As the IUCN obituary reads, Taghi dedicated his life to the recognition and support of Indigenous and Community Conserved Areas (ICCAs). Taghi did this across academic disciplines, several languages and cultures, but also at multiple levels from international fora down to the grassroots level. He was as at home articulating the texts of the IUCN Resolutions as he was discussing pastoralist practices at the local level, doing so with articulation, energy, a strong vision, and with ease.

His most recent work with the Global Protected Areas Programme was in the context of the Global Support Initiative for ICCAs, which saw him work and advocate tirelessly in several countries around the world. Memorable encounters during the course of that work included rich exchange in yurts in the mountain ranges of Eastern Kyrgyzstan and travelling to the Saphari or sacred forests in Georgia, to meet local people committed to conserving the natural beauty surrounding them, based on good governance entwined with rich traditions and heritage. Taghi never hesitated to get the most from every experience whether that was stopping to examine wildflowers, to enjoying the stories and food of our hosts, to seeking out and speaking to elders often sitting quietly in the background, and to learn from their perspective. 

Taghi was a member of a Shahsevan indigenous tribe of nomadic pastoralists in Iranian Azerbaijan.  He was an activist and a founding member of the ICCA Consortium.  He chaired the Board of CENESTA (Centre for Sustainable Development) in Iran, he was a member of the Council of Elders of UNINOMAD, another ICCA Consortium member, and at the time of his death, was President of the ICCA Consortium.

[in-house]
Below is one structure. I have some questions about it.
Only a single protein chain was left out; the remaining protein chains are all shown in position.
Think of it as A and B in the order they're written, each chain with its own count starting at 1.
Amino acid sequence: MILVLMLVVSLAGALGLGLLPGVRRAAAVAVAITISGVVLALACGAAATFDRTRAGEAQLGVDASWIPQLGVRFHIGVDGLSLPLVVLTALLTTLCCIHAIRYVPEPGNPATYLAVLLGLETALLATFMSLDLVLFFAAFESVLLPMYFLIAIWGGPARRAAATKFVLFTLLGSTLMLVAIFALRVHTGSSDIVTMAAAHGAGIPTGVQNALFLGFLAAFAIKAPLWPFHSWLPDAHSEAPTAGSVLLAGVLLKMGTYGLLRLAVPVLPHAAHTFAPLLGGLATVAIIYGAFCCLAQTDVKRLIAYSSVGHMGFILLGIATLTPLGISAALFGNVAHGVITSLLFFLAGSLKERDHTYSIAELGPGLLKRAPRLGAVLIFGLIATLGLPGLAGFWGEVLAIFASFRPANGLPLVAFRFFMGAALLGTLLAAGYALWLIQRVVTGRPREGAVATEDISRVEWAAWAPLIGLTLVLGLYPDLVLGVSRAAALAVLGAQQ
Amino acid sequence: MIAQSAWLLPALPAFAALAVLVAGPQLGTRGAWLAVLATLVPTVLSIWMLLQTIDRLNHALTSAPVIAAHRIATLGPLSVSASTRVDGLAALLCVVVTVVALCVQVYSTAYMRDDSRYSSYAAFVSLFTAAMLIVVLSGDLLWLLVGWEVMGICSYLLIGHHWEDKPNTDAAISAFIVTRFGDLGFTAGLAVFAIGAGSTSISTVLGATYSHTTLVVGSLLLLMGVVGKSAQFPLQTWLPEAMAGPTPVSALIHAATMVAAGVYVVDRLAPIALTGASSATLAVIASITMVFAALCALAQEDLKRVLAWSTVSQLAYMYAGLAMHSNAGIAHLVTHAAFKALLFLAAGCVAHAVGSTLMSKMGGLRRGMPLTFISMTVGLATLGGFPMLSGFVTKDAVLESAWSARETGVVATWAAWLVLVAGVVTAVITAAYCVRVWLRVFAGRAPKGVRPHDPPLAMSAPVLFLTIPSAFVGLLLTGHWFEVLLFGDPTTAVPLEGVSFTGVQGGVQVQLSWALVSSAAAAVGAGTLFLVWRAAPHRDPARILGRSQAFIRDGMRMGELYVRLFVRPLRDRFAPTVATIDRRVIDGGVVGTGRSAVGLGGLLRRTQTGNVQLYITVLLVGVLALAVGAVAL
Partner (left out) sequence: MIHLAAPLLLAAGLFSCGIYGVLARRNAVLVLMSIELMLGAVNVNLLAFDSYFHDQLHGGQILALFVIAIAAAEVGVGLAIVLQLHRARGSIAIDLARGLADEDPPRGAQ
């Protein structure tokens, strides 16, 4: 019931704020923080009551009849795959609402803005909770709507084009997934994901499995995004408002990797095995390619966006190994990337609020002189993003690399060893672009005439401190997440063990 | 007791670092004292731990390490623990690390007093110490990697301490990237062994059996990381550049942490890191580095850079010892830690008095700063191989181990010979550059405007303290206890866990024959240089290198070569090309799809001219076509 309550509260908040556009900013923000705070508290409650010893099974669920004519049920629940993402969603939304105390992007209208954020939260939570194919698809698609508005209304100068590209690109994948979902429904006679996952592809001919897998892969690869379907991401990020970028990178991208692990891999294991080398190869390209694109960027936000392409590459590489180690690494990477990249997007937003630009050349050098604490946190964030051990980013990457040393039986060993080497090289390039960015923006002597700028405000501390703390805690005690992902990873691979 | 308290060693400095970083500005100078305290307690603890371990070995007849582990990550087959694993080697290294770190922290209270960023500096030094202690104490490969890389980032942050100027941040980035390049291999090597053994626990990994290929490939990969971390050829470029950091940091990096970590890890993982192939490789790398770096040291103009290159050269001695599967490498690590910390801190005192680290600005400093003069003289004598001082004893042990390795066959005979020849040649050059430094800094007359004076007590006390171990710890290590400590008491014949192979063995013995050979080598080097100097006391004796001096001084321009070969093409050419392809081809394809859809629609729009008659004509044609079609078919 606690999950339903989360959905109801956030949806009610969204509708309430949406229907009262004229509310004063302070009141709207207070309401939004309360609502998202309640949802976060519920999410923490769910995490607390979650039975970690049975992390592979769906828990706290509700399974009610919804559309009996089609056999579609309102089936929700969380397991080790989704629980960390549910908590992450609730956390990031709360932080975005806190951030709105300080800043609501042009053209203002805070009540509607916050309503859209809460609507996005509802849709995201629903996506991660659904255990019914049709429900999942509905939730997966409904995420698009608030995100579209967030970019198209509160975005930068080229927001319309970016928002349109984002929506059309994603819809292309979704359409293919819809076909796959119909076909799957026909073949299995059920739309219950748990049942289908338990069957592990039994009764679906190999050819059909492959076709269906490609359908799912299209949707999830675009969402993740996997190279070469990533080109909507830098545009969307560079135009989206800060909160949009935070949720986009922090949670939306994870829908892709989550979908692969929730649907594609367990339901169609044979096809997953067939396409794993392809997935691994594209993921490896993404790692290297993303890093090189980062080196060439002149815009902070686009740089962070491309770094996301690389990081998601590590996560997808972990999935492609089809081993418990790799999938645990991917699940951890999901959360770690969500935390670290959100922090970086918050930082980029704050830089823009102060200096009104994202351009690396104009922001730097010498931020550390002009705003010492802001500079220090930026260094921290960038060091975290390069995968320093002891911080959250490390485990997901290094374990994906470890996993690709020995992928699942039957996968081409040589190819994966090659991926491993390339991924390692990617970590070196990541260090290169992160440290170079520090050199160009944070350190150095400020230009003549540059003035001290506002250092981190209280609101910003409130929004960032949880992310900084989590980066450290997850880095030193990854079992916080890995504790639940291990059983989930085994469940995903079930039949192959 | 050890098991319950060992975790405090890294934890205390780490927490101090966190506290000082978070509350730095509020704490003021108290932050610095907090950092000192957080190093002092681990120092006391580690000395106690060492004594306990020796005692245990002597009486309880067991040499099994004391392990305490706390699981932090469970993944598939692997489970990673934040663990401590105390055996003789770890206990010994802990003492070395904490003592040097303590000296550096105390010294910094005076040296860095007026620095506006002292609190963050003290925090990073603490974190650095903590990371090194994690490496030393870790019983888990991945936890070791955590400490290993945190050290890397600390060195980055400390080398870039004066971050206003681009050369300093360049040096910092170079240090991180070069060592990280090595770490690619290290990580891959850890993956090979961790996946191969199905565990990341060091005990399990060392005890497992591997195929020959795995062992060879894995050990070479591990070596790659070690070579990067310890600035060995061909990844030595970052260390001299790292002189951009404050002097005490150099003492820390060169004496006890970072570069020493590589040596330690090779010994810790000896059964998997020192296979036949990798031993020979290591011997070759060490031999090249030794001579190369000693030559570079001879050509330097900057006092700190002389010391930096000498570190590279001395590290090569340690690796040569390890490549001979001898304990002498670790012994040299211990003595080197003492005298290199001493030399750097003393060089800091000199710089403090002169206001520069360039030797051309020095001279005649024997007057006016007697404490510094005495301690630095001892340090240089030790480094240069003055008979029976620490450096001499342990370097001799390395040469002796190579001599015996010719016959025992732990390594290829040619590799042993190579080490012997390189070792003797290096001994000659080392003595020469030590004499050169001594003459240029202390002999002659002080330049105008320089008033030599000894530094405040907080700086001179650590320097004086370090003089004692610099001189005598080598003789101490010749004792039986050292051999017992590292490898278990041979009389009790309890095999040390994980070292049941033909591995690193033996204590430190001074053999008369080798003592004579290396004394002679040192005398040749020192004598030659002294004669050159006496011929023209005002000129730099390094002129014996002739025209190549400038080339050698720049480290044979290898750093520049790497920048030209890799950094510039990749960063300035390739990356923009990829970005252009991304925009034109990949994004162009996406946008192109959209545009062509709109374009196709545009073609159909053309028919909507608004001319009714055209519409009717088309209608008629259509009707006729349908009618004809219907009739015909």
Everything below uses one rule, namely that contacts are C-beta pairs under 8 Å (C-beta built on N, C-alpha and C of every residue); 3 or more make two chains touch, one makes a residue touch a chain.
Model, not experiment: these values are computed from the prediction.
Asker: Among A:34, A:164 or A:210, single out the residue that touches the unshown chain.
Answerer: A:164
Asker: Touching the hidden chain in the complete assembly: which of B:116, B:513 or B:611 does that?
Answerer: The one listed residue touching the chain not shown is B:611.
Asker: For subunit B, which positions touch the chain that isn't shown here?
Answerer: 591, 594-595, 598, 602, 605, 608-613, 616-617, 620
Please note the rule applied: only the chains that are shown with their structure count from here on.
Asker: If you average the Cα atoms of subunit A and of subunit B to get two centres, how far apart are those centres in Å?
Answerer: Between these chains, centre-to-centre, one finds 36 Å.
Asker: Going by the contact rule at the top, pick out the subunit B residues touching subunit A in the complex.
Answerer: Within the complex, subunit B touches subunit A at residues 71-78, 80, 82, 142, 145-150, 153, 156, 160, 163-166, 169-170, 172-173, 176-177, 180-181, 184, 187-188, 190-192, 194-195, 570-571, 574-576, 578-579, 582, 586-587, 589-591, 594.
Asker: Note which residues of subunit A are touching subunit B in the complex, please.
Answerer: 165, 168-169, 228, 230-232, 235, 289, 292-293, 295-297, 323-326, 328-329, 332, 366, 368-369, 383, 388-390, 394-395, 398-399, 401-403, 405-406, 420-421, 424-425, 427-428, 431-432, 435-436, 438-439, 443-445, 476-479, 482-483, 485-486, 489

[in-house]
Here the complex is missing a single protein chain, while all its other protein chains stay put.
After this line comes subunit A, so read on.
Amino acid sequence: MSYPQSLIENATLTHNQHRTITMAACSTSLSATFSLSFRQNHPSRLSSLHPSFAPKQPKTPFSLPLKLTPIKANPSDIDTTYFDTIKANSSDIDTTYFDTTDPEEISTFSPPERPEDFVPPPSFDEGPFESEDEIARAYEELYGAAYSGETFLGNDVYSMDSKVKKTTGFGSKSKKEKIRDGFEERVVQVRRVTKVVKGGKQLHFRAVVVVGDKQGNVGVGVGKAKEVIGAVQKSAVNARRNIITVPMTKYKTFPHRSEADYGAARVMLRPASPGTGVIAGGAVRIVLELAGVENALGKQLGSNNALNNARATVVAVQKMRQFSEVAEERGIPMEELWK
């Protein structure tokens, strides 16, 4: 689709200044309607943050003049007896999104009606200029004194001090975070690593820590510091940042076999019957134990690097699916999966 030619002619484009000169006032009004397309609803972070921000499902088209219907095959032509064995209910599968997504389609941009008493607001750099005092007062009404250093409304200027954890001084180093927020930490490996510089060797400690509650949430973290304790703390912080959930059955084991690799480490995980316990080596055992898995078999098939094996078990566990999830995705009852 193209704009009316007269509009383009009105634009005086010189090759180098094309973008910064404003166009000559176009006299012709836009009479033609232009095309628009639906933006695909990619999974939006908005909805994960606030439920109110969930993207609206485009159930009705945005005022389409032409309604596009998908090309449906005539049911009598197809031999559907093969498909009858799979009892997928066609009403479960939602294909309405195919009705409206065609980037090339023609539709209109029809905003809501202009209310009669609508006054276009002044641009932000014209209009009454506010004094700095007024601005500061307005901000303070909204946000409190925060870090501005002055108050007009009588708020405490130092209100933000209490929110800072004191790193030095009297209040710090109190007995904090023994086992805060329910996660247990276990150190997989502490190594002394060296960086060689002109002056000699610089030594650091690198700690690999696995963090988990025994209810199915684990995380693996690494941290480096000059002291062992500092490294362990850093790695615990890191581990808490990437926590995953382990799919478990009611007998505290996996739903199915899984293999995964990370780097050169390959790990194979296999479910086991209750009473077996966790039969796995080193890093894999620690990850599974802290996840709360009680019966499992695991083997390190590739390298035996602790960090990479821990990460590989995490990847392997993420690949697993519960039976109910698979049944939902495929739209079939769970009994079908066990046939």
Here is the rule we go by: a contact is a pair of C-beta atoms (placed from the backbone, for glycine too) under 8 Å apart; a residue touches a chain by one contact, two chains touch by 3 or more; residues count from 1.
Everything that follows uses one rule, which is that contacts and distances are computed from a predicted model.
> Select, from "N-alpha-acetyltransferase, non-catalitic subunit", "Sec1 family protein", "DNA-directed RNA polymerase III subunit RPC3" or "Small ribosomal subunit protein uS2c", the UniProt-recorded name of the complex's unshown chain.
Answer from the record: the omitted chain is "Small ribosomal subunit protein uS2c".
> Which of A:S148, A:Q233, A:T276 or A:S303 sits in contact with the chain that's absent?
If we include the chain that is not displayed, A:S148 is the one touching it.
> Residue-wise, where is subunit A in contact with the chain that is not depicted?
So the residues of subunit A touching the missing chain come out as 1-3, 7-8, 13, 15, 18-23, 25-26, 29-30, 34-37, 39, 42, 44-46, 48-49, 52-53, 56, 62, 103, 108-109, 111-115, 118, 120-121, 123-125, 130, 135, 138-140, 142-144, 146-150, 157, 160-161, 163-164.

Taghi was also very much part of IUCN, he was a member of the IUCN Council and held the Chair of the IUCN Commission on Environmental, Economic & Social Policy from 2000 to 2008.  During that time, he was part of the group of pioneers who, at the 2003 Durban World Parks Congress, advocated for the recognition of the vital linkages between people and protected areas.  He was resolute in his support of the implementation of the CBD decisions, IUCN Resolutions and the commitments and spirit that was articulated at the World Parks Congress “Promise of Sydney” in 2014. This called for a rebalancing of the relationship between human society and nature, and recognition that ecosystems and their variety of life can and should fully support people, their cultural and spiritual identities, economies and well-being.

Taghi was an established academic in both the natural and social sciences and contributed to numerous publications in that respect.  He was Vice-Rector of Bu-Ali Sina University in Iran. But more than that, he combined a wealth of scientific knowledge with his traditional knowledge, bringing a unique perspective to nature conservation.  He embodied diversity and supported the infusion of diversity into conservation practices and approaches.

We remember Taghi as a man of wisdom, great energy but also humility. He last visited the Global Protected Areas Programme at IUCN in Gland in November 2017, where he contributed with his usual passion to the recognition and promotion of ICCAs in Africa.  His work and vision will continue to inspire the Global Protected Areas Programme and beyond.

For the memorial page on the website of the ICCA Consortium, please click here.